While Christine Ross ’11 was student-teaching in the Czech Republic, she mentioned to her class that she wanted to visit Egypt and ride a camel. “Four of the 13 students in my class told me they had already been to Egypt and ridden camels,” she says. “And they’re in fourth grade.”
An elementary education major, Ross embraced her passion for internationalism by completing her student-teaching requirement at a British International School in Prague. She applied to a program called Educators Abroad Student Teaching (EAST) and chose the Czech Republic from more than 40 options.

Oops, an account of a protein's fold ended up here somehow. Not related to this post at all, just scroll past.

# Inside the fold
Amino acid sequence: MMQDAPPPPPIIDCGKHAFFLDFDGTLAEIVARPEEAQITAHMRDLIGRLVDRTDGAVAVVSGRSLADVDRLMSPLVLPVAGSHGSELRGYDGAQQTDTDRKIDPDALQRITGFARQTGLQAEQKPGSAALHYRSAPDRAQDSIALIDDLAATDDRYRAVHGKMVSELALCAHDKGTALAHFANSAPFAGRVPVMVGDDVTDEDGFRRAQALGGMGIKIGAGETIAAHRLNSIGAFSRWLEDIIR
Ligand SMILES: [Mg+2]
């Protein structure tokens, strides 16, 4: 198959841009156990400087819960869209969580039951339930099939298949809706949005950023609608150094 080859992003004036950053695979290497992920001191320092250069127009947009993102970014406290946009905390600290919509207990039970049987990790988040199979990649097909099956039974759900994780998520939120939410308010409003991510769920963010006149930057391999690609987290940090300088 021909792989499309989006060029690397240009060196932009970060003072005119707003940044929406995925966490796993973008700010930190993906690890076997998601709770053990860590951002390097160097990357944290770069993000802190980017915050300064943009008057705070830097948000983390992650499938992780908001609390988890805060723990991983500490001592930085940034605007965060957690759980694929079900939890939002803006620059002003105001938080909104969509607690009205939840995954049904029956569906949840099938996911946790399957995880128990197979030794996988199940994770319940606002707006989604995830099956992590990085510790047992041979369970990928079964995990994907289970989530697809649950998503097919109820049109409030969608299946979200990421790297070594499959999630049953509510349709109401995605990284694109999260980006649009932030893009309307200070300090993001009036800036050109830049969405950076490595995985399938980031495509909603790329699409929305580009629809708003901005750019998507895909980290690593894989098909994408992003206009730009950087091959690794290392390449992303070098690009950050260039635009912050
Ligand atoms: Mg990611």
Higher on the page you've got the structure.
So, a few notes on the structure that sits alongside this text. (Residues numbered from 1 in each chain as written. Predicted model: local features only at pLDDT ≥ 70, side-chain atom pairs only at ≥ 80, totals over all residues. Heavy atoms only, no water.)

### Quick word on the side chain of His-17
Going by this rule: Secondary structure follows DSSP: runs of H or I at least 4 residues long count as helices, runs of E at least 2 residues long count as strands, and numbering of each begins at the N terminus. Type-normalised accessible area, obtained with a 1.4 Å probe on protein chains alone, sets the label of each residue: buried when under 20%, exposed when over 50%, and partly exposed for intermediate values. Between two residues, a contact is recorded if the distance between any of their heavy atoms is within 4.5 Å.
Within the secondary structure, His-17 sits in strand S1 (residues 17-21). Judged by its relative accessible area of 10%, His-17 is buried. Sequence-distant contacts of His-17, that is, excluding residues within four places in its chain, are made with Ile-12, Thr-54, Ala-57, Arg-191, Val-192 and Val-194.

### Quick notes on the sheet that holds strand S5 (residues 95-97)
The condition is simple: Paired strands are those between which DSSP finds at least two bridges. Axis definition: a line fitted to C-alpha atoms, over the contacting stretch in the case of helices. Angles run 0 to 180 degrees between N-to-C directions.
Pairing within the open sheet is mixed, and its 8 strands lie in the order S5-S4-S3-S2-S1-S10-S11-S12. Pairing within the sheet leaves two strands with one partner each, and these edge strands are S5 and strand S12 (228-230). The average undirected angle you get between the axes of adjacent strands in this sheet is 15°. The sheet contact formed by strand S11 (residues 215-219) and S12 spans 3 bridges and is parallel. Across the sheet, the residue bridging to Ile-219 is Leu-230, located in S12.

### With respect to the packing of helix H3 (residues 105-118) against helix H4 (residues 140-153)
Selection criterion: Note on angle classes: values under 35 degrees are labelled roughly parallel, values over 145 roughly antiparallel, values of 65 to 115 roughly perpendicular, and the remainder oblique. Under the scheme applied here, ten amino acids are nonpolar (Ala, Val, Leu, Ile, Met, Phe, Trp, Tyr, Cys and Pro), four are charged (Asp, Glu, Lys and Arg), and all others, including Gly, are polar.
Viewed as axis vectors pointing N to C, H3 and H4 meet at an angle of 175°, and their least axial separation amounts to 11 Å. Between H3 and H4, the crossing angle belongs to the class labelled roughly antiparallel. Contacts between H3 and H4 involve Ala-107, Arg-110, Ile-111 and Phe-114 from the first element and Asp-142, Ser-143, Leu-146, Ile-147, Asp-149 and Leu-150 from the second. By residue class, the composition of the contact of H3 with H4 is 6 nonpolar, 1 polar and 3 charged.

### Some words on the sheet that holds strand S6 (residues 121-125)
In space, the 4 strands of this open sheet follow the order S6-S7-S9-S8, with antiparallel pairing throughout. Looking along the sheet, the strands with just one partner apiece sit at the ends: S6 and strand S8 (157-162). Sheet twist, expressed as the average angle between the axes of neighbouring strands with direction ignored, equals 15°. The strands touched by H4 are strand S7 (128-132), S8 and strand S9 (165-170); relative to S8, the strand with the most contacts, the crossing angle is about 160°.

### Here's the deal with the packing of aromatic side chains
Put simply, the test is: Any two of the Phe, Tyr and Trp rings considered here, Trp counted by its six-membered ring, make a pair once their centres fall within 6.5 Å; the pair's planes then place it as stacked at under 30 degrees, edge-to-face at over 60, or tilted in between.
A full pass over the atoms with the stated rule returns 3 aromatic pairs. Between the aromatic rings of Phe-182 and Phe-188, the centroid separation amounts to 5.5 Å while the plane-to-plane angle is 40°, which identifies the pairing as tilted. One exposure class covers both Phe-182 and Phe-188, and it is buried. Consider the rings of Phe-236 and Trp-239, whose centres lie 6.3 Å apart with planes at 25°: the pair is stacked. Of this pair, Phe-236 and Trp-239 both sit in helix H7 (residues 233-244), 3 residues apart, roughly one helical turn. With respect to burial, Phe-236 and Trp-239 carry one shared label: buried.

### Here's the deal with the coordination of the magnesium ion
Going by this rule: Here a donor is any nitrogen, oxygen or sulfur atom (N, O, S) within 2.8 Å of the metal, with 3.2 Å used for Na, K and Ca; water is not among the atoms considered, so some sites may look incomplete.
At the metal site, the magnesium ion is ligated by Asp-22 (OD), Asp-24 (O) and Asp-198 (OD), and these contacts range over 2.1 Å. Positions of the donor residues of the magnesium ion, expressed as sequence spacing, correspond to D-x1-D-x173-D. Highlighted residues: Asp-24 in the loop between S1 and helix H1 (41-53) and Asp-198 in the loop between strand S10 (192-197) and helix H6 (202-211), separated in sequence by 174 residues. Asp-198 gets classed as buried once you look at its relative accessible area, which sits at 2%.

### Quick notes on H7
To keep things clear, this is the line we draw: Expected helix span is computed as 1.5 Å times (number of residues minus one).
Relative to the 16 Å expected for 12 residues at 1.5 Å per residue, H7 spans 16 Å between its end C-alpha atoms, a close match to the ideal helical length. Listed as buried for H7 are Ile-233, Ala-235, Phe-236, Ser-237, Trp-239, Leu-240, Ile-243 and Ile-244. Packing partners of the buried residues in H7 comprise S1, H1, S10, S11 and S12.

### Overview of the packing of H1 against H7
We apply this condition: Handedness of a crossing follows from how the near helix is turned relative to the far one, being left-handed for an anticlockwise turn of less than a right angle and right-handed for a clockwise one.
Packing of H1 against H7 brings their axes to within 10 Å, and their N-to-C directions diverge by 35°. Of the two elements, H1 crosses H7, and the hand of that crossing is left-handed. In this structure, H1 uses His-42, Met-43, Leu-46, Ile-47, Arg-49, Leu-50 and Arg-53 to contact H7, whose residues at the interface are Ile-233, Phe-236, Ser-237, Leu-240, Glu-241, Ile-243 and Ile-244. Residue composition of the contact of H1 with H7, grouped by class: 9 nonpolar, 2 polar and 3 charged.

“I love to travel,” says Ross, who had also studied in Scotland for a term. “I knew my freshman year that I wanted to student-teach abroad so I carefully planned my schedule. Many people don’t know that a program like this exists.”
The school day was similar to American schools and she taught in English, but measurements were in meters and liters. Some of her young pupils spoke three languages. Typically their parents are in the foreign service or employed by multinational companies.
When her classroom teacher became ill, Ross took over and gained valuable experience that she hopes will qualify her for an international teaching position. “Teachers in international schools are connected around the world,” she says. “But returning to Prague would be my first choice.”